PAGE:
Now, this workplace is always conducive to changes as we know only constant is change. These changes could manifest in the form of new co-workers, new managers etc., and can sometimes be so daunting, especially, if you are someone never open to changes or if the new person has a completely contrasting behaviour. Your current supervisor, for instance, is under a lot of pressure from the top, begins to pass it on to you – in the form of sudden year-end goals, doubled number of deliverables, etc. These pressures slowly pile up into more hard-pressed situations when you have too much on your plate – that is full already, and you need to prioritise your work over all the commitments you made to your family or friends. This may increase your daily stress. And, there you are. It’s all about how you respond to these challenges – your resilience in the face of change – that further determines whether you will succeed or fail, whether you are resilient already or need to learn. So, are you really prepared to practice this in 2019 and take your leadership skills to the next level of excellence?
How you Practice Resilience in a Hard Situation
Humans react oddly when they see their control or support slipping out of their fingers and changes in management or responsibilities, etc at workplace are all examples of such situations. So, here’s what you could do about handling it:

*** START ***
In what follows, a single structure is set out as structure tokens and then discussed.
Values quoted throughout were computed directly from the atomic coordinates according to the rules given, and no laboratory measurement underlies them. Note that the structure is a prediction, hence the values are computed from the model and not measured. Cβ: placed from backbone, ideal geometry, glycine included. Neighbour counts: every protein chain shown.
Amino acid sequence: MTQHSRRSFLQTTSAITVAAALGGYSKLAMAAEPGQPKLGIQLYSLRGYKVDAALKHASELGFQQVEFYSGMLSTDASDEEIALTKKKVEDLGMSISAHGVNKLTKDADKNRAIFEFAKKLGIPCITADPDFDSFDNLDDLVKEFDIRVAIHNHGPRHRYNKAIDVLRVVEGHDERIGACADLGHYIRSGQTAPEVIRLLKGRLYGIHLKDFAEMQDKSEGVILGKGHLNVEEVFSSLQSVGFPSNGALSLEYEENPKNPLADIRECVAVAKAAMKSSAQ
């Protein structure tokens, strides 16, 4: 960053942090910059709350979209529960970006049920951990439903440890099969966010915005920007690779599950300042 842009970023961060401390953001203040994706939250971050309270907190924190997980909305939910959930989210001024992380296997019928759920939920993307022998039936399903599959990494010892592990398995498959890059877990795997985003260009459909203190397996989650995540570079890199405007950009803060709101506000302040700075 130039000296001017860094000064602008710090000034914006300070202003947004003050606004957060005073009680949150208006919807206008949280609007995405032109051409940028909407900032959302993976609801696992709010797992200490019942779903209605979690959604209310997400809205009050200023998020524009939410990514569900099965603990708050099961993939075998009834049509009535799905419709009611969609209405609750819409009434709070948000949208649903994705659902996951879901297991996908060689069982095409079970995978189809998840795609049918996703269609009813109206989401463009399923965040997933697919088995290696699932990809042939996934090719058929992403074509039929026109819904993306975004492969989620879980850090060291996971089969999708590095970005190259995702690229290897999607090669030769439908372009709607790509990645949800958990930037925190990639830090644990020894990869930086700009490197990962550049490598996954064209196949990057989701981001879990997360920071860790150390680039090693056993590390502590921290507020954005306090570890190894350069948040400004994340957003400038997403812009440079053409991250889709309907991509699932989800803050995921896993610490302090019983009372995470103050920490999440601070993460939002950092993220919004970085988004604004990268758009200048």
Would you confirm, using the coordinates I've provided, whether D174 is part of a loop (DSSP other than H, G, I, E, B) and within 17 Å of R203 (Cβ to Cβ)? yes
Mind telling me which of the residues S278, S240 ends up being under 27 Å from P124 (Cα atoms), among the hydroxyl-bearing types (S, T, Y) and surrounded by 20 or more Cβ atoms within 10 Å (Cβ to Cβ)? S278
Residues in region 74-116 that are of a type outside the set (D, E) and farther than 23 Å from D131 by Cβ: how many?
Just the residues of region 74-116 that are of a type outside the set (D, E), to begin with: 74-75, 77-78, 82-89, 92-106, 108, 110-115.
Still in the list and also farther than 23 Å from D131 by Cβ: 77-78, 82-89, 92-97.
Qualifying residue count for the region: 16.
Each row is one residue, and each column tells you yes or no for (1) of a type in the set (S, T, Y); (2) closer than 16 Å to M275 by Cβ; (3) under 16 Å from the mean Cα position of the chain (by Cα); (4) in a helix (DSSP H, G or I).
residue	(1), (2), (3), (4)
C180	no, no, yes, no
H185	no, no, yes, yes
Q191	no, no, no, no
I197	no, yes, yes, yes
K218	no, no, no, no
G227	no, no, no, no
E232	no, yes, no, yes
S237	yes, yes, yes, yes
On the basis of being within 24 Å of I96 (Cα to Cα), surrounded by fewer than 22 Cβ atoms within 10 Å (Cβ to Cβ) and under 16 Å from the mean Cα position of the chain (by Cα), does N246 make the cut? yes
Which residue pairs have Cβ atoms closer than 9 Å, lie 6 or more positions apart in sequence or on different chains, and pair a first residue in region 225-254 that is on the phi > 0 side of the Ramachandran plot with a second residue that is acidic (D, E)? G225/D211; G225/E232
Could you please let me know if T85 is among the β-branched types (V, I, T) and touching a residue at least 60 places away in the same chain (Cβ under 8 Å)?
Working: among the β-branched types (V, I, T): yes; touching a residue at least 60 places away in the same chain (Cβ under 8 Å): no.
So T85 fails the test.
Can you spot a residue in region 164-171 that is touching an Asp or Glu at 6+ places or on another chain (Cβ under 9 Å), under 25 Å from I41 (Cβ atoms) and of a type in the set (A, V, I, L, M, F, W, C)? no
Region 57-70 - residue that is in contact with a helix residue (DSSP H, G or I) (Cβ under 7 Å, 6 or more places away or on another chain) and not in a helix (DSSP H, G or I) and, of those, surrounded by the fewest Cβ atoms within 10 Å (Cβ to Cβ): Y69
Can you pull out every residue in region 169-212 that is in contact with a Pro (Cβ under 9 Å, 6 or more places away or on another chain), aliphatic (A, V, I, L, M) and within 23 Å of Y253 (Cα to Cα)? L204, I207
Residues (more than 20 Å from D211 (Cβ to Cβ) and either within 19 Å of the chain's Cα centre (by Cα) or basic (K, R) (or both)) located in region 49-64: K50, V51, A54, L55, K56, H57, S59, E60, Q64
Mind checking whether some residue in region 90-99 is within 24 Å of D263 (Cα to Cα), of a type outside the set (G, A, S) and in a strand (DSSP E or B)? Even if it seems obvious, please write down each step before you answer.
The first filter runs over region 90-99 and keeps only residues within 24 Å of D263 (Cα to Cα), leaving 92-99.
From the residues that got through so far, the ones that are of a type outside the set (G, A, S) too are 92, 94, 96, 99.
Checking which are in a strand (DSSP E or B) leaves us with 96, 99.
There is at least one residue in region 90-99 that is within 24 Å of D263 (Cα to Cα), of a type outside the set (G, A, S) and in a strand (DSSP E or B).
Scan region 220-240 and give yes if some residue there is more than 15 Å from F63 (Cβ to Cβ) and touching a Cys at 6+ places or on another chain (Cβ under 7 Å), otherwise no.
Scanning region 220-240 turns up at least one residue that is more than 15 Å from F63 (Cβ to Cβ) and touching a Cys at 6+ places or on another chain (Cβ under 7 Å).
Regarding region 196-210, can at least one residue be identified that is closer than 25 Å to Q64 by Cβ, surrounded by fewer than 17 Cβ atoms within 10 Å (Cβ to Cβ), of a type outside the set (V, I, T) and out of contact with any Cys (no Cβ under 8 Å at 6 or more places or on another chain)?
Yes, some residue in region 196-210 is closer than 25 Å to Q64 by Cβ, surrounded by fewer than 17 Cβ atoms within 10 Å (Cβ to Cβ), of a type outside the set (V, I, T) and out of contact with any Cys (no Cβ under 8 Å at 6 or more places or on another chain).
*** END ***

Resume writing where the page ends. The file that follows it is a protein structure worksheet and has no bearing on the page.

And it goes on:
First Step is to Identify and Accept the Change:
This is also about self-awareness; any challenging situation could initially make even the most profound leaders fall. But what is important here is that you know what this painful experience teaching you.
Second step is to start by asking yourself out of the box questions or Are you ready to ask yourself some tough questions?
• What is that one thing that is bothering you the most?
• What is the best and the worst that could happened in current situation?
• Define a storyline each for the worst and best situations.
• What can you personally do to bring about the better version of your problem to reality and prevent the worse one from manifesting?
• If the circumstance is hard to get rid of or beyond your control, how can you choose to experience it differently?
• What can you learn about yourself from this experience?
If you are truly seeking for change, your perspective to seeing your problem might already be broadened after answering the above questions.
Looking Ahead: When Everything is Still Okay
If you practice resilience in your day to day life, you use tough circumstances and rise above them. First of all, you accept job insecurities and learn ways to mitigate the risks. You do that further, by admitting that any unproductive approach may not serve you for long. You then make a choice. You cope constructively with job insecurities by throwing yourself into work – performing to your highest calibre, learn from experiences, and treating your co-workers as well as employers exactly the way you want them to treat you. Well, all of this may still not make your job shielded against any layoff, for instance, but it will guarantee your prospects for finding a valuable position in other companies – by imbibing diligence and conscientiousness in you, since you qualify to practice your resilience in harsher situations.